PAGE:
How to Build an Emergency Fund
Life happens. But it’s impossible to predict how and when emergencies will happen. Medical bills, home repairs, a job loss, an unexpected injury, even rent expenses, can suddenly become an unmanageable cost if you have no emergency fund to fall back on. Lack of a financial safety net can send you into a vicious cycle of debt that may take years to overcome. In order to build a strong foundation for your financial wellness, it’s imperative that you create an emergency fund.
As of May 2020, nearly 20 million Americans have still not received their stimulus checks from the government, leaving them empty handed with bills to pay and no emergency fund for support.
According to a recent poll by Bankrate, nearly four in 10 Americans would borrow money in some capacity if hit with an unexpected bill.What’s even more unsettling is among respondents who reported that they or a close relative paid for a major unanticipated expense in the past year, the average cost was $3,518.
Although it’s easy to consider Americans to be financially diverse, there’s a common denominator most households share, being unprepared to absorb a financial shock. It’s a wide misconception that financial shocks are limited to lower-income individuals. The truth is, people of all income levels encounter unexpected financial burdens.
What Research Found
In fact, according to a study conducted by The Pew Charitable Trust:
- 60% of households experienced a financial shock in the past 12 months.
- Nearly 1/3 experienced two or more types of financial shocks.
- After suffering a financial shock, households had lower savings and higher credit card debt than those that did not have one.
For the majority of us, encountering an expensive emergency is inevitable. That’s why it’s important you’re prepared. Building your emergency fund is an essential part of planning for your financial future. It means that you won’t have to accrue credit card debt or resort to predatory lenders for quick cash when unforeseen circumstances arise.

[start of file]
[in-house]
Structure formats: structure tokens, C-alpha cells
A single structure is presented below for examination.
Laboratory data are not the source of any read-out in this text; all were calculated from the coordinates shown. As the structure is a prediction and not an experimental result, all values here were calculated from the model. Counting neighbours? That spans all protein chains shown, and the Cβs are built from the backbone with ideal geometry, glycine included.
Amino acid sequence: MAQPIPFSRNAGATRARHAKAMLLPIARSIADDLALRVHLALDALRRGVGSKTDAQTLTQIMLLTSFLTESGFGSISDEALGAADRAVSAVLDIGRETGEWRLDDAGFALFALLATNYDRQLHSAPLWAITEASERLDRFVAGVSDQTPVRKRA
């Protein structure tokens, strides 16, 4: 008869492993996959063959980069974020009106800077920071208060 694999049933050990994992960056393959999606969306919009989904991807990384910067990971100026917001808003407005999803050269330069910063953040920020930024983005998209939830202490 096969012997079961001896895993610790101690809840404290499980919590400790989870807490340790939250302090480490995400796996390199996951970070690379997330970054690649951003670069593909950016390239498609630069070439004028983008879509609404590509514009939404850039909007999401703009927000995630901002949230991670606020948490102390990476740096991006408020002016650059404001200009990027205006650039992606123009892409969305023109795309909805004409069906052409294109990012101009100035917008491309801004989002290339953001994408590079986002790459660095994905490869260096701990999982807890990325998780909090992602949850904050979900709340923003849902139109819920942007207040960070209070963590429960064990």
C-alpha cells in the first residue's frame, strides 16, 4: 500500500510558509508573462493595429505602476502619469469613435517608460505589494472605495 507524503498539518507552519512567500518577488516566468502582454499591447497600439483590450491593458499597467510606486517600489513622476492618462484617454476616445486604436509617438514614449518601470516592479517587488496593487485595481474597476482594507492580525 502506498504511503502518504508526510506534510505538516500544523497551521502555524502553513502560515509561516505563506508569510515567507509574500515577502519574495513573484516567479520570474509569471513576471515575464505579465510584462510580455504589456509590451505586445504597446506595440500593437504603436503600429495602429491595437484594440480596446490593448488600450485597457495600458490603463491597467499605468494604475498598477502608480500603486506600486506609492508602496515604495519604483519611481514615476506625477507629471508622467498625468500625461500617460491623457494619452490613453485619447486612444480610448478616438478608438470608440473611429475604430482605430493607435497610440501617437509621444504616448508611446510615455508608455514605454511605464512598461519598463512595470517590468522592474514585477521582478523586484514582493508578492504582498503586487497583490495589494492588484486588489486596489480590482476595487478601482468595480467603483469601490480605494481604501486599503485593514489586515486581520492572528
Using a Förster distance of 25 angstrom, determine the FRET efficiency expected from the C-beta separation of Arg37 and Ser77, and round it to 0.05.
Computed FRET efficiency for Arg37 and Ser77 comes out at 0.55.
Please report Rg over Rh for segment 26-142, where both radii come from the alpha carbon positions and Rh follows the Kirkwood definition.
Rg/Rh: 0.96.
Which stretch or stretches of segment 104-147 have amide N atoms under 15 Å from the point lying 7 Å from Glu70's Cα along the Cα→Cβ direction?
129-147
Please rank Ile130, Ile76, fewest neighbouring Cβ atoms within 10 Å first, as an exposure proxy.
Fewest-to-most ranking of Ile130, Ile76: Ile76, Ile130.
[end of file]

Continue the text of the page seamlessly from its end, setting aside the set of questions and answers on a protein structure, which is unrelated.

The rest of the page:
So, here’s what to consider when building your emergency fund.
Have at least 3-6 months of basic expenses saved.
At first, this sounds daunting, but set small goals that you can achieve in milestones. It’s not possible to do this quickly, so approach your goals with a realistic timeline of when and how you can achieve this. Having six months of basic expenses in your back pocket can save you months, or even years of debt.
So how will you do this?
Pay yourself first.
This may seem counterintuitive, but if you fail to prioritize your own finances, you’ll continue to struggle to build your emergency fund. People often make the mistake of waiting until the end of the month to see “what’s left” of their paycheck. Don’t wait, immediately transfer cash to your emergency fund at the beginning of the every month. This article recommends to transfer at least 20% of your income. If that just isn’t feasible, transfer 3%, 5%,10%, whatever you feel comfortable with. To keep yourself accountable, set up an automatic transfer from your checking account to your savings.
Reduce unnecessary costs.
You’d be amazed at how much and how quickly you can increase your savings when you eliminate unnecessary expenses. Do you really need to purchase lunch three times a week? Pack a lunch. Paying for four different streaming services? You only really use one. Check your phone provider, internet provider, and credit cards to see if some of your services provide free streaming or benefits so you can cut some of these costs.
Don’t spend one-time cash opportunities.
Resist the urge to spend your tax refund. Your tax refund is not free cash, it’s money you’ve worked hard for and earned, so make sure you put it into your savings. Even if you find yourself with an extra fifty dollars for helping a neighbor move, babysitting, or selling old furniture, don’t spend it – save it! It’s cash flow outside of your income, so you won’t miss it.
Your employee benefits
Employers can’t force employees to start building emergency funds, but they can provide them with helpful financial tools to improve their financial well-being. Your employer may offer a financial wellness program already or provide resources like financial counseling.
In fact, more and more employers are considering the holistic benefits of financial health in the office. In the last two years alone, 35% of companies have increased spending in this arena, and 59% of HR teams are increasing time spent supporting these benefits. These programs are an efficient, cost-effective approach to employee engagement, boosting productivity, and even improving employee morale. Promoting alternatives to high-interest rate payday loans and tapping into retirement can be a saving grace for employees who struggle with their personal finances.
Create a budget to keep track of your spending habits. Outline cash flow coming in and going out each month, and reduce costs where possible.
When you remove any frivolous spending habits, you’ll notice a difference within weeks. Pay attention to price tags you may have previously overlooked. Purchasing cheaper alternatives to everyday items can add up to a hefty savings overtime.
Learn More About Financial Wellness Programs
TrueConnect is a voluntary financial wellness benefit that puts employees first. TrueConnect allows employees to access affordable, low-risk loans without the need of a credit score. It costs nothing for the employer to implement and can be entirely automated through payroll deductions.
To learn more about how you can take the first step towards promoting financial wellness in your workplace, watch our on-demand demo.